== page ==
I picked up a work gig for the second half of summer, driving a shuttle van for tourists. These visitors pay for the fulfillment of bucket list items: flying in a helicopter, speeding on an airboat in a fjord, walking on a glacier. It’s been fun, meeting people from all over the world. They ask questions about Juneau and Alaska, and I do my best to respond with at least nearly correct answers. On good days (depending on how you look at it) it means long days for me. And east-coasters are good tippers.
But, helicopters do not fly when the pilots cannot see. Rain and wind are not the problems, but fog is the nemesis, the buzzkill, the enemy of all things fun for adventure-seeking tourists, and the vendors who provide those adventures.
This week the fog has been in control; sometimes in the mornings, sometimes all day. All of “us” in the tourism business here in SE Alaska are busy checking weather forecasts and making friends with the NOAA forecasters. (I already have my inside sources.)
When we don’t fly, we disappoint tourists. And vendors (including my bosses) go unpaid. Vendors work hard. The profit margin for the vendors is slim; profits may not be actualized until season’s end. And someone asked me, “How does free will relate to bad weather?”
Interesting question. Caught me off-guard. Didn’t have a thorough or even trite response to offer. But, in the fog-bound time since, I’ve pondered the question, which I think may be more akin to “Where is God in this bad weather?”
First ponder point: God controls the weather. He invented weather, so it is His to control. He controls it all the time. Mankind gets no vote in the matter.
Next ponder point: Everything God thinks and does is good…and right…and perfect. We humans still want to pretend we control our lives, therefore we want to play judge and jury, even over the God who made us. We want God to play by our rules. It takes faith, serious, trusting faith, to believe that everything God does is good and right and perfect, when our circumstances or unmet desires may not seem to agree.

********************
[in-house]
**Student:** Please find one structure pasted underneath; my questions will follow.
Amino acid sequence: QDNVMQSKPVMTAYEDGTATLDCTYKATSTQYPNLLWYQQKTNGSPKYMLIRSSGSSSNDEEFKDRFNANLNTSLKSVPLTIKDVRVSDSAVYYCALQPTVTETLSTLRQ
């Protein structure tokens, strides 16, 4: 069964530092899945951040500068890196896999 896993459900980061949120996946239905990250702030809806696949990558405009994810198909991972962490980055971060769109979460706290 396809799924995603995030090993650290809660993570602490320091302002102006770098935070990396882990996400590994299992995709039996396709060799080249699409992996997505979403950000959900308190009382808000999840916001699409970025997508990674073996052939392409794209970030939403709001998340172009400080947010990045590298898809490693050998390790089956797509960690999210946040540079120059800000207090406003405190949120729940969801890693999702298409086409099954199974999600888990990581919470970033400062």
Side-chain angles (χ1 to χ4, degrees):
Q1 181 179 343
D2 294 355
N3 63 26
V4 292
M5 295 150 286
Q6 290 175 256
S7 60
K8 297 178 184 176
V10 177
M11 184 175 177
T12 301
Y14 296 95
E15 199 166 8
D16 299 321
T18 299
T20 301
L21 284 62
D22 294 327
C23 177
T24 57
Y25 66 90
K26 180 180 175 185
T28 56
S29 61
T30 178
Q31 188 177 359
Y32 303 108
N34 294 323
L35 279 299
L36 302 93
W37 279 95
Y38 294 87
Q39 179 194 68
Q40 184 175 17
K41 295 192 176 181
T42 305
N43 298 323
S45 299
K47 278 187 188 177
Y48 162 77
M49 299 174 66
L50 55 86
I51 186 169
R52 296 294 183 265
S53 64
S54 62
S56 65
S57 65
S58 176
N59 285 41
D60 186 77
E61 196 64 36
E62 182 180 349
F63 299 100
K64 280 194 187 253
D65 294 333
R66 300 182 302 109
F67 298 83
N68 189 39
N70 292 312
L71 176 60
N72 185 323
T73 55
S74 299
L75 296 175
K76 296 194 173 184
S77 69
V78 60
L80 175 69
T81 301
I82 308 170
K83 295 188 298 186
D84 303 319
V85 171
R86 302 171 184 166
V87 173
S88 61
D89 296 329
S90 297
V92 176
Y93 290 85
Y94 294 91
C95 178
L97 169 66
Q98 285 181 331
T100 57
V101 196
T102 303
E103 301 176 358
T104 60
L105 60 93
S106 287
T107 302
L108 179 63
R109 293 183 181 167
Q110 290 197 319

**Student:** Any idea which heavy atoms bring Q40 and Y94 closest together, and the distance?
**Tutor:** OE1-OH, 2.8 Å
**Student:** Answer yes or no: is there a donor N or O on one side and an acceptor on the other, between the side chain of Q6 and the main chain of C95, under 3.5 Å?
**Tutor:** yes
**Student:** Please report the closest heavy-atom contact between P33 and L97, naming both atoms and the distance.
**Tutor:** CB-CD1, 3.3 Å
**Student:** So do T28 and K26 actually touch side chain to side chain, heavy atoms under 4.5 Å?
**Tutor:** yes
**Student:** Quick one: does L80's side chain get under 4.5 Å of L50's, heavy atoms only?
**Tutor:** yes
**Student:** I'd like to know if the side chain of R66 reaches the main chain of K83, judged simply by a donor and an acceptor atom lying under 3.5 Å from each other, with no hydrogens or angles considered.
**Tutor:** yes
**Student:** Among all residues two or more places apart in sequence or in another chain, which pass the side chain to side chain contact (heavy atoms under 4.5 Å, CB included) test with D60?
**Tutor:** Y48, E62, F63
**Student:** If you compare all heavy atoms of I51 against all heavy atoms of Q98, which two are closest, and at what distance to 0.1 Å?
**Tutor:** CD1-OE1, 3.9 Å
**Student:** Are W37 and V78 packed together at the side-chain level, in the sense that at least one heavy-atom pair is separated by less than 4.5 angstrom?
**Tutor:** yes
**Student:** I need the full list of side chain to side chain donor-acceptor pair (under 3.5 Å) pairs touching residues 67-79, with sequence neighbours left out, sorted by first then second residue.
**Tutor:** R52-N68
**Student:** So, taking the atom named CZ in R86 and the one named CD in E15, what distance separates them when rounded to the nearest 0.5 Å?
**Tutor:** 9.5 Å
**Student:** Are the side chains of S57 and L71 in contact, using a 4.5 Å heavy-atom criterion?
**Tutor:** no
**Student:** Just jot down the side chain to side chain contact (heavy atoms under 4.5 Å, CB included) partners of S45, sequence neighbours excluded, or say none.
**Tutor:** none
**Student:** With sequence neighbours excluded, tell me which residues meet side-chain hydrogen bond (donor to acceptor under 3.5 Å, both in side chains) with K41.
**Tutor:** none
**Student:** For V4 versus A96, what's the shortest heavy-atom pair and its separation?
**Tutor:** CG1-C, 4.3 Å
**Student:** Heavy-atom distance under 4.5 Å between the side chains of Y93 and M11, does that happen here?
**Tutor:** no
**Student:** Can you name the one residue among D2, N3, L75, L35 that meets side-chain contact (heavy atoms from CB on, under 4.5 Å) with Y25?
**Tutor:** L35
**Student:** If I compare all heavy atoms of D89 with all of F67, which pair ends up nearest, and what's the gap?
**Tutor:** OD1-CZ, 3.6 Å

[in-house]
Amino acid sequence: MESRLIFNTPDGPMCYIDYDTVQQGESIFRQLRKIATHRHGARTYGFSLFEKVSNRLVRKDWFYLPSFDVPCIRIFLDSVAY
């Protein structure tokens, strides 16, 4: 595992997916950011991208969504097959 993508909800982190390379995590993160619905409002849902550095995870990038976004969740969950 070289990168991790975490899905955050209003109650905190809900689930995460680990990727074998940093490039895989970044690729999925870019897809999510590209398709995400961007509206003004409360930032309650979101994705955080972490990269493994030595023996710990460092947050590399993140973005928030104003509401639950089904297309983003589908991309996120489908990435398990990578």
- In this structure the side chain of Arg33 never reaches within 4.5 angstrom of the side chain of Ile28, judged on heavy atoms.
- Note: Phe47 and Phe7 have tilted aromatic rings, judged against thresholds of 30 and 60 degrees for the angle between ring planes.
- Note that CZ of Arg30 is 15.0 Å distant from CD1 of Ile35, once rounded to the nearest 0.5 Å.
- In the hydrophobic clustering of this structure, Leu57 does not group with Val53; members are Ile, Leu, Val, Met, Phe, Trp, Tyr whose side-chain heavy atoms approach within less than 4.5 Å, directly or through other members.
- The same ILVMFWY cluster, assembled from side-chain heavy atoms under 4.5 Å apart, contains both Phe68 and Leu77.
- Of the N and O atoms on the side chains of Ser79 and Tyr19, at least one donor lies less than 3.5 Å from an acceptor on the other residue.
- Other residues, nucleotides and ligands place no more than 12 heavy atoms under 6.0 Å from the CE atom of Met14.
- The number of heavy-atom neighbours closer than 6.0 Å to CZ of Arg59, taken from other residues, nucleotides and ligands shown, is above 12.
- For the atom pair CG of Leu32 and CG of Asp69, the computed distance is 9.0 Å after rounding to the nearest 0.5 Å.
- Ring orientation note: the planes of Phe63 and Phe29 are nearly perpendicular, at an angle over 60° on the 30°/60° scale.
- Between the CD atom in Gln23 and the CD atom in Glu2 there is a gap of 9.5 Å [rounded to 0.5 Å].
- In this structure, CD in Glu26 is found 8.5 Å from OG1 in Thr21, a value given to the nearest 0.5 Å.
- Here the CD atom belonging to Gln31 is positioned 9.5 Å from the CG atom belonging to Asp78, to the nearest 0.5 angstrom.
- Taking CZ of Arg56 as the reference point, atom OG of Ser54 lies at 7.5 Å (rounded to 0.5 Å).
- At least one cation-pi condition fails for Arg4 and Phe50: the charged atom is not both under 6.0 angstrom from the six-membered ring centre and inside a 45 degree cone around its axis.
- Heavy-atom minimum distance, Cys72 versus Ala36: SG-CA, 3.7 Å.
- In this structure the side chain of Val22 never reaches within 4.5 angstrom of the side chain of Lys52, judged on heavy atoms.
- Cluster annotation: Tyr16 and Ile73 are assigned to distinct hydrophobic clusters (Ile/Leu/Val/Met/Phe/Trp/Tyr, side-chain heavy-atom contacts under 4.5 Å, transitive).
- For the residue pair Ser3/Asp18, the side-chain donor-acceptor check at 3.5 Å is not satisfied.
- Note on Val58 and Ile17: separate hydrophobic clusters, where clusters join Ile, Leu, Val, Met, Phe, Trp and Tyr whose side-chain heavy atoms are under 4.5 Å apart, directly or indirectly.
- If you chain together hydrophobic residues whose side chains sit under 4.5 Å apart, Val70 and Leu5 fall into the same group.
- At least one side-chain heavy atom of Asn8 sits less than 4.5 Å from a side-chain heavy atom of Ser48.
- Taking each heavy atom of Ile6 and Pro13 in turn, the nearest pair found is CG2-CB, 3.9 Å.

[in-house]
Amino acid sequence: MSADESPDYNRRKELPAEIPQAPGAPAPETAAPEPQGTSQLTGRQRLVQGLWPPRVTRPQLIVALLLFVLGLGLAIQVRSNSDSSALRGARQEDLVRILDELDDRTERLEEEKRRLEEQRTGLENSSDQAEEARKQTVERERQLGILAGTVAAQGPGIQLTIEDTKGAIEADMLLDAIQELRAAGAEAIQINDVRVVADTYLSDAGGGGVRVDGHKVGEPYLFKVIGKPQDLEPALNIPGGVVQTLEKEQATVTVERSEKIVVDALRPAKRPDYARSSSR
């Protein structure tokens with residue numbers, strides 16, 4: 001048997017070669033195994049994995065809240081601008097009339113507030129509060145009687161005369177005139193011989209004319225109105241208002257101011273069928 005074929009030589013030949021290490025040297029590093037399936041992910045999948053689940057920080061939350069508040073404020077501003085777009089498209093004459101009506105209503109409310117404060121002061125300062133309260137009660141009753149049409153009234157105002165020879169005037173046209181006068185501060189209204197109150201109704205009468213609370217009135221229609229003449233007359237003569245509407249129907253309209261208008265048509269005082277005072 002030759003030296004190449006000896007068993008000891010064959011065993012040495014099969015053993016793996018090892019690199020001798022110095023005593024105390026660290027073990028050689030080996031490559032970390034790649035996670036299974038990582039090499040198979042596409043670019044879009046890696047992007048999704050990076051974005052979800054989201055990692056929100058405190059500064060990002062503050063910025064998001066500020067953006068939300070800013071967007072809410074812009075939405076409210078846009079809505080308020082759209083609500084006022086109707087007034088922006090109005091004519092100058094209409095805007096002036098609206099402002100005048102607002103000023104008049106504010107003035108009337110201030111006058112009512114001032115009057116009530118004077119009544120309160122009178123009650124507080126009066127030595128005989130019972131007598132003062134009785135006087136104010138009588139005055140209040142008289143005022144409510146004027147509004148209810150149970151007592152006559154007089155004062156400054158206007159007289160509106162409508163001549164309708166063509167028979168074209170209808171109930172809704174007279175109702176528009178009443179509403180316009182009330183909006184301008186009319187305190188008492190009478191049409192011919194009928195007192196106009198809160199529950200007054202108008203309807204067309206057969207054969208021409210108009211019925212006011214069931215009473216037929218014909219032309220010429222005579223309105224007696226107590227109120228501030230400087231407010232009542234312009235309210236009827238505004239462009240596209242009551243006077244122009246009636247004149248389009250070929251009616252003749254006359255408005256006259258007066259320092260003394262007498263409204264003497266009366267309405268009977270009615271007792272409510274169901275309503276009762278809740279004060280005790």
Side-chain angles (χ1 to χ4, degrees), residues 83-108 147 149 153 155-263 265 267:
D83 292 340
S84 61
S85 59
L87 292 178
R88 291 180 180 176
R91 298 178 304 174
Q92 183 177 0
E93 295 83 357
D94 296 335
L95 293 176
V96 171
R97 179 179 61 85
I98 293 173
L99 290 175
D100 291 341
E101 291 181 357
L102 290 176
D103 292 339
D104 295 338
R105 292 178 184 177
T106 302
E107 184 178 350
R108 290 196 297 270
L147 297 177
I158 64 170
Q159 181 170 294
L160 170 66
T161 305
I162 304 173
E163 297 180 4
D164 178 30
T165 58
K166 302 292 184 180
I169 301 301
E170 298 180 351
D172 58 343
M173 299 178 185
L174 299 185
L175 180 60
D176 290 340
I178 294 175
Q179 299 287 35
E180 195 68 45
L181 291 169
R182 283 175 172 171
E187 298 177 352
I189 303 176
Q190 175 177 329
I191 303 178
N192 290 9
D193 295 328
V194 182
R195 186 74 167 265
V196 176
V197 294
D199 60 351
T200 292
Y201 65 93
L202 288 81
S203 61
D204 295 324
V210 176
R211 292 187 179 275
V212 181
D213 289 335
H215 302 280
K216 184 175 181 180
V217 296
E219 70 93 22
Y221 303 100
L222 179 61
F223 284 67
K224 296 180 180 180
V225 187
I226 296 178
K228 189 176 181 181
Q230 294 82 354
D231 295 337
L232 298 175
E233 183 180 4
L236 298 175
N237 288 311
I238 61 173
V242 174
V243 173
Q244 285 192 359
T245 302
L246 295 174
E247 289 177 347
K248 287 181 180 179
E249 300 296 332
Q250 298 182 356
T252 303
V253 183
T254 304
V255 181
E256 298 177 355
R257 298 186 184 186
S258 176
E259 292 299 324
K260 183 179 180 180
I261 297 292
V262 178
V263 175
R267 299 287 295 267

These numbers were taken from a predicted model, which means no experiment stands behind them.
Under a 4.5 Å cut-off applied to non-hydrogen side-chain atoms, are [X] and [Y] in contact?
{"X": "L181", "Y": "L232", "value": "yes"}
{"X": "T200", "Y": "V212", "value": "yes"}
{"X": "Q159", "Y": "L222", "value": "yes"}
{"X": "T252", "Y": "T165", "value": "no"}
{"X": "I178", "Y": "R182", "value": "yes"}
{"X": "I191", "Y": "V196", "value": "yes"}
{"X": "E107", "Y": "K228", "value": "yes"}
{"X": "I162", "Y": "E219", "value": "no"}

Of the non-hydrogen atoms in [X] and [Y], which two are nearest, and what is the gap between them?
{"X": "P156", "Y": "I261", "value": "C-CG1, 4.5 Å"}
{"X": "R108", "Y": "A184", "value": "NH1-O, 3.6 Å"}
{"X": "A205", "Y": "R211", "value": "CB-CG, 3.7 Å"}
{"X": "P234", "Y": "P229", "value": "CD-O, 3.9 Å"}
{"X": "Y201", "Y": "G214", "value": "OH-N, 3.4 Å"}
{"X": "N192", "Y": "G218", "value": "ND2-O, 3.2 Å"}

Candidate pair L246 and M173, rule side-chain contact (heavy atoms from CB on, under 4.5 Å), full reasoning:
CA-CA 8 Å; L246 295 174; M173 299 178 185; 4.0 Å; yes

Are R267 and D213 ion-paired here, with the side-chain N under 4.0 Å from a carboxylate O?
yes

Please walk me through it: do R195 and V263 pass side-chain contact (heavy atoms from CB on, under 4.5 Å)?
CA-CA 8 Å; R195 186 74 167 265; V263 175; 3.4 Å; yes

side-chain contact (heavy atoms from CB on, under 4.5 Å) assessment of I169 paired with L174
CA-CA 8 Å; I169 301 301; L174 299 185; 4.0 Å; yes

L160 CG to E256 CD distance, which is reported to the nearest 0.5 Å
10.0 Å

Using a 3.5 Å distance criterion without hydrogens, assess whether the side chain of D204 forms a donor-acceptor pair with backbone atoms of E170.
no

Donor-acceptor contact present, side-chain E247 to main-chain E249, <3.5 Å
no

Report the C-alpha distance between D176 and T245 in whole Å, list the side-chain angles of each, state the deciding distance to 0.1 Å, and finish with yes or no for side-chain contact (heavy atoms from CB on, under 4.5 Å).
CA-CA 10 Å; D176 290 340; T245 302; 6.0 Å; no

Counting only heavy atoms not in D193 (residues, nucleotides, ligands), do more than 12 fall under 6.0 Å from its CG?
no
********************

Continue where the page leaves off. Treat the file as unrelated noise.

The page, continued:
Final ponder point: God always has a plan. His plan is always a better plan for us than any of us could conceive or contrive. He is a good father in that way; He gives us what we need, instead of just what we think we want. Sometimes children need their father to help them eventually desire better. He wants us to desire relationship with Him.
It. Could.Be. that God wants us to trust him, rather than the weather forecast, rather than the days’s count of paying tourists seat-belted into helicopters, rather than the number of work hours and tips I can hope to add to the ledger.
It may be that God rolled the fog in this week so I would have more time to contemplate and appreciate God’s greater purposes, that His intentions for me are greater than my own, that my trust in Him would learn to outweigh my interest in more driving hours and tips from east-coasters. I may have some measure of free will, but God controls the fog.